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Sometimes you really have to dig deep to find something of great value in that genre once coined „New Age“, crammed with wrong nirvanas and boring heavens. If heaven actually is a place where nothing really happens, the music of Jordan De La Sierra´s „Gymnosphere“ might be a place of constant wonder: a lot is going on here (in a very silent way) – lonesome notes drifting endlessly through a sacred space. As we know, sacred spaces often are a big deal for long reverberations. Call Eno´s classic „Music For Airports“ a (very) distant relative, and you´re close.


The desert has always been a place for inspiration, from Harold Budd to Giant Sand, and Polar Bear´s new album „Same As You“ is no exception. Though it starts with some Woodstock mysticism, invocations of light and love, don´t hesitate to surrender to the overall flow of the six tracks. A wonderful mix using field recordings without any resemblance to the usually „holy desert  sounds“, the album is captivating from start to end. Arthur Russell would been totally enthusiastic about this work of art. The dancing, joyful lines of the two saxophones add to the excellent mix of the primal, the melodic and the experimental. So this may be one of England´s finest contributions to the American „West Coast“-culture ever, known for relaxed moods, skilled studio musicians – and even Sonny Rollins once wearing a cowboy hat.


„A Most Violent Year“ is a fantastic movie, a time travel to New York City, 1981 (the year Eno and Byrne created „My Life In The Bush Of Ghosts“, in Manhattan), shot with late 70´s vibes and colors, and, nevertheless, likewise oldfashioned and inventive. That´s saying a lot about a genre movie linked with gangster syndicates, archetypal anti-heroes from another era and the usual suspects from the old „New Hollywood“. The gist of the matter: J.C. Chandor is really doing fine in creating a new skin for an old ceremony. At times with breathtakingly slow speed, packed with the devil in the details (beware of the soundtrack, sparse and subtle), and, one of the most thrilling chase-scenes since Cary Grant had been attacked by a small aeroplane in „North By Northwest“. Chandor knows when it´s time to speed up. Pop corn fodder? Not at all, more of a descent into the underworld (in the psychic sense of the word). For example, within one single shocking second, you are transported from an overcrowded tube train to a deserted, ghost-like station (in the middle of NYC) – a good place to meet the inner demons.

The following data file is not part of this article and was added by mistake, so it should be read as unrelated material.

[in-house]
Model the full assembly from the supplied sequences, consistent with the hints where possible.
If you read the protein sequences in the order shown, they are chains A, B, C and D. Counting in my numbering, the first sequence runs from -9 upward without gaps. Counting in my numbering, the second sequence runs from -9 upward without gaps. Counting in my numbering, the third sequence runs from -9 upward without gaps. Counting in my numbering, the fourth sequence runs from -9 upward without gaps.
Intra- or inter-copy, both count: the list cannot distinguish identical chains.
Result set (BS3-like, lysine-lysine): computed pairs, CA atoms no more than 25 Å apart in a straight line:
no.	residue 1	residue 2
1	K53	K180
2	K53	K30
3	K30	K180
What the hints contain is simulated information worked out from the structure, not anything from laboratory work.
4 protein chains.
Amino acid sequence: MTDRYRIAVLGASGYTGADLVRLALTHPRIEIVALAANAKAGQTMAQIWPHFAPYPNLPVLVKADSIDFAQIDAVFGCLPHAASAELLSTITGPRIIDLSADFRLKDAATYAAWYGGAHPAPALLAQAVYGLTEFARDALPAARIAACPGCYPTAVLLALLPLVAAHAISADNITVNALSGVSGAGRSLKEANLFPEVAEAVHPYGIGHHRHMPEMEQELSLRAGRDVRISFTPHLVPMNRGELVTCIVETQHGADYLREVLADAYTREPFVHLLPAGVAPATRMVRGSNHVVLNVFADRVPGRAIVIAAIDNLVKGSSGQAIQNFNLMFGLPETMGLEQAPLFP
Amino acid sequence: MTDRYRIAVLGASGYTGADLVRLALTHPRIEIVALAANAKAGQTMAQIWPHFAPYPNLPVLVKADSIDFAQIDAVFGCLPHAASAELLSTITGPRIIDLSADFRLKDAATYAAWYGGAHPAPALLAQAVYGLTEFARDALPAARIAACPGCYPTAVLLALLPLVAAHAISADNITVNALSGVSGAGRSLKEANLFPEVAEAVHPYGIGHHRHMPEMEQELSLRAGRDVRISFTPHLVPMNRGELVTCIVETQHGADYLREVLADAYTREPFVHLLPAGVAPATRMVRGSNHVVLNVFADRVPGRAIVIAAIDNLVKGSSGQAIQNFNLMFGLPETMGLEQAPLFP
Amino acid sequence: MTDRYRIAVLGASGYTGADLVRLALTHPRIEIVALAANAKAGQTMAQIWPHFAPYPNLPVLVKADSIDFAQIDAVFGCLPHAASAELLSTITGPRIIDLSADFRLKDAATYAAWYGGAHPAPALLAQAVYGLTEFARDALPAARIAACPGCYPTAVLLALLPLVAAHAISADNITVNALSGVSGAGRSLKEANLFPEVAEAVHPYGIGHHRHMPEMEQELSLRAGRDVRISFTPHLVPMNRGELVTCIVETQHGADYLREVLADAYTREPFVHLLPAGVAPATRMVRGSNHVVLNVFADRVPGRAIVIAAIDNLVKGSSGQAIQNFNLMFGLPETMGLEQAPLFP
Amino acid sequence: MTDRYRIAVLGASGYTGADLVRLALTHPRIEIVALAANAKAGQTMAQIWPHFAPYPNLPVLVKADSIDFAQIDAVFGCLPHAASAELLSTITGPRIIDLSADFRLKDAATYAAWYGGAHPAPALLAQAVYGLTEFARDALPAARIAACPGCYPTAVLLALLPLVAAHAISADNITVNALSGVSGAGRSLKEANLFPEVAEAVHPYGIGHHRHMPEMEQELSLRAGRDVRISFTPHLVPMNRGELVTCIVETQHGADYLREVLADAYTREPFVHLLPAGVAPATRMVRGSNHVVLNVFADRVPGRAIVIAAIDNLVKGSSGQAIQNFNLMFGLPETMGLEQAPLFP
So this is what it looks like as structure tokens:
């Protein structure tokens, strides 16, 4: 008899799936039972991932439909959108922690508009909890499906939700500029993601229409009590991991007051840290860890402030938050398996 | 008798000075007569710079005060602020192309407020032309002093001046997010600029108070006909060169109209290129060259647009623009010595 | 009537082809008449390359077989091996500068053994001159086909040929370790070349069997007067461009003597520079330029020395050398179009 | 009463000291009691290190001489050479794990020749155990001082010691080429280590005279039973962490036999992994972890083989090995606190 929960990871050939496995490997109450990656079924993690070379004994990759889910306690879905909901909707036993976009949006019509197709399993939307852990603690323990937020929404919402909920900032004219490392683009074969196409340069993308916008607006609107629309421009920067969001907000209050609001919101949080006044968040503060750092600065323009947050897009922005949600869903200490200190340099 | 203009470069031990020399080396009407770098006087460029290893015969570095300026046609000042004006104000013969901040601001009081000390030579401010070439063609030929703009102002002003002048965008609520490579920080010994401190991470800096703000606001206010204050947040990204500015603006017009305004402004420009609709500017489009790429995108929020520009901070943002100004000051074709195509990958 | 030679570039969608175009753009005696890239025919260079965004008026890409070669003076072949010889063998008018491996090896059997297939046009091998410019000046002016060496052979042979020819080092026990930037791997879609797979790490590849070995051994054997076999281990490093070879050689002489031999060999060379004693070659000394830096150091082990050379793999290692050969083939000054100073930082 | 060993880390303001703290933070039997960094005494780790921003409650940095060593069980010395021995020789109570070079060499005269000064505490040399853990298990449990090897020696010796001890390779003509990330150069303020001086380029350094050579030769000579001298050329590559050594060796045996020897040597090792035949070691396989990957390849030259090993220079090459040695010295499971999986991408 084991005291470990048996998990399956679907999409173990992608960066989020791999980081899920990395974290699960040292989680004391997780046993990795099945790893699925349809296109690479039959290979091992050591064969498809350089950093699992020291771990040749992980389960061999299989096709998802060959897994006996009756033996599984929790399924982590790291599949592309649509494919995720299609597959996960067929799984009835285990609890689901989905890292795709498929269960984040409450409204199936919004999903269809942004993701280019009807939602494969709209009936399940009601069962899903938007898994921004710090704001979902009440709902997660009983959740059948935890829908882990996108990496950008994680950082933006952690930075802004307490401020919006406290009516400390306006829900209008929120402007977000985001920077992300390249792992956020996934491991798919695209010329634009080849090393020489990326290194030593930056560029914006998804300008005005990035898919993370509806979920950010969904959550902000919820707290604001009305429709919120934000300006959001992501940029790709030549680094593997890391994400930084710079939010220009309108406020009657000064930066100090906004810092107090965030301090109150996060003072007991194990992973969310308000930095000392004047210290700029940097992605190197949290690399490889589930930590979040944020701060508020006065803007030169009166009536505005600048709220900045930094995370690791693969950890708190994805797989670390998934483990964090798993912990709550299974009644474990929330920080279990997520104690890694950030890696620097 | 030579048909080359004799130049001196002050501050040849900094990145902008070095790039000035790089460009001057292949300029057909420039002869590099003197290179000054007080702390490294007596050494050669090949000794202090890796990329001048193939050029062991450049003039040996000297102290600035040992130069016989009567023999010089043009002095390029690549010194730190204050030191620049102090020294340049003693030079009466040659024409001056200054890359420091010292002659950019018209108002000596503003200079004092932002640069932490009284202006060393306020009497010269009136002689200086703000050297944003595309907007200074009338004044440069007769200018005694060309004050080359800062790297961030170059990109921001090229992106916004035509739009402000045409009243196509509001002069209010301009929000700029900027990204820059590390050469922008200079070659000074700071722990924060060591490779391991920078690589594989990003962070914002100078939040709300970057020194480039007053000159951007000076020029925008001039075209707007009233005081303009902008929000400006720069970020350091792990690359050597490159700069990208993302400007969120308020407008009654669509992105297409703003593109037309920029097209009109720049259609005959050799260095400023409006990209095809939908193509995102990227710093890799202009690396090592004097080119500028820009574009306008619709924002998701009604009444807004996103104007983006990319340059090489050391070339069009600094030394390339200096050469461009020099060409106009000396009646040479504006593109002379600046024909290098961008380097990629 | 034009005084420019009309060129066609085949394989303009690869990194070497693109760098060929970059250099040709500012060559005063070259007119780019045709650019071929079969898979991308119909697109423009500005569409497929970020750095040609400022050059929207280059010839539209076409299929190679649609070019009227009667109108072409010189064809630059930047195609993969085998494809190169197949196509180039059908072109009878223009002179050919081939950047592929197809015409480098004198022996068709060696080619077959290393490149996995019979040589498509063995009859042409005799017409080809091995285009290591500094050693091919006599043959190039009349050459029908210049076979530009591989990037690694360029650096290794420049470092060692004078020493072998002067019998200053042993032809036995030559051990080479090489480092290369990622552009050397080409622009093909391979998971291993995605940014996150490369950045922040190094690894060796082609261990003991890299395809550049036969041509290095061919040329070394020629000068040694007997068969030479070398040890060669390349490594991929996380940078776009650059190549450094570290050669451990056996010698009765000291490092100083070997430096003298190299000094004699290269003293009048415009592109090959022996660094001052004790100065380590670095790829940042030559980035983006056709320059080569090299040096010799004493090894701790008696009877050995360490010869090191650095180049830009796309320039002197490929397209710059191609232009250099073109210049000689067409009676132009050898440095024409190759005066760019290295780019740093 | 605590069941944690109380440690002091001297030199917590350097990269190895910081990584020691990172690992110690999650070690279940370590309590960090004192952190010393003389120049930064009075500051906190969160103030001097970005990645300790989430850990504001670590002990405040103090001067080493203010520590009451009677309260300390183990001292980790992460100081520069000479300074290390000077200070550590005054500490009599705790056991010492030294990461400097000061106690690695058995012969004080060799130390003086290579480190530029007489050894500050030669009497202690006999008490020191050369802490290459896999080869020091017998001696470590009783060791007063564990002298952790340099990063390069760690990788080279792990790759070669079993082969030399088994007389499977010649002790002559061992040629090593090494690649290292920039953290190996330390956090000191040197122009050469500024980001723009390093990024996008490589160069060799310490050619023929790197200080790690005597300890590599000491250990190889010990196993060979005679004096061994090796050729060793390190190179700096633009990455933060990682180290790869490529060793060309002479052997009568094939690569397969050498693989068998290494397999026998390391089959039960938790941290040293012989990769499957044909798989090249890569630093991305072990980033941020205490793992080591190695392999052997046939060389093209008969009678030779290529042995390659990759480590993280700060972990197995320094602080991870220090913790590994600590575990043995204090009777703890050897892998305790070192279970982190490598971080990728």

And coming to terms with your own demons, you might want to enter the sceneries of the „Thriller of  April“. I´m still running through the last hundred pages, and, as you know, you shall not sing the praise of day till the last ray of light has vanished from the sky, and darkness surrounds you with all horror or relief delivered on the last page. Will the story linger in your mind, or is it just a cheap thrill and utterly forgettable? Wait and see. Manafonista Wolfram recently recommended an ancient thriller by Chester Himes. That book might be the other option. Himes can compare in quality to Chandler and Hammett, and he clearly is commenting on and developing their novels, plots and style. The past remains a treasure grove. But you can easily be trapped by it. Chester Himes, and J.C. Chandor luckily know the exit signs.




Honour Your Error As a Hidden Intention“. A kind advice of Brian Eno in his Oblique Strategies. Or did he write that note in „old English“? My first error was the wrong speaking („Aussprache“) of Sebastian Rochford’s band „Polar Bear“ (like it would be „beer“ from the Arctic circle.) My next small mistake was the one concerning Joachim Kühn’s lost masterpiece „This Way Out“ (from 1973) – Daniel Humair contributed to the music, but Jenny-Clark was not yet part of the production – instead Peter Warren and Gerd Dudek were playing with fire. This slightly uncorrect memory led (on the day after) to a very special phone call, and ended up with an invitation to Ibiza. More about this at the end of this week, for all the good reasons!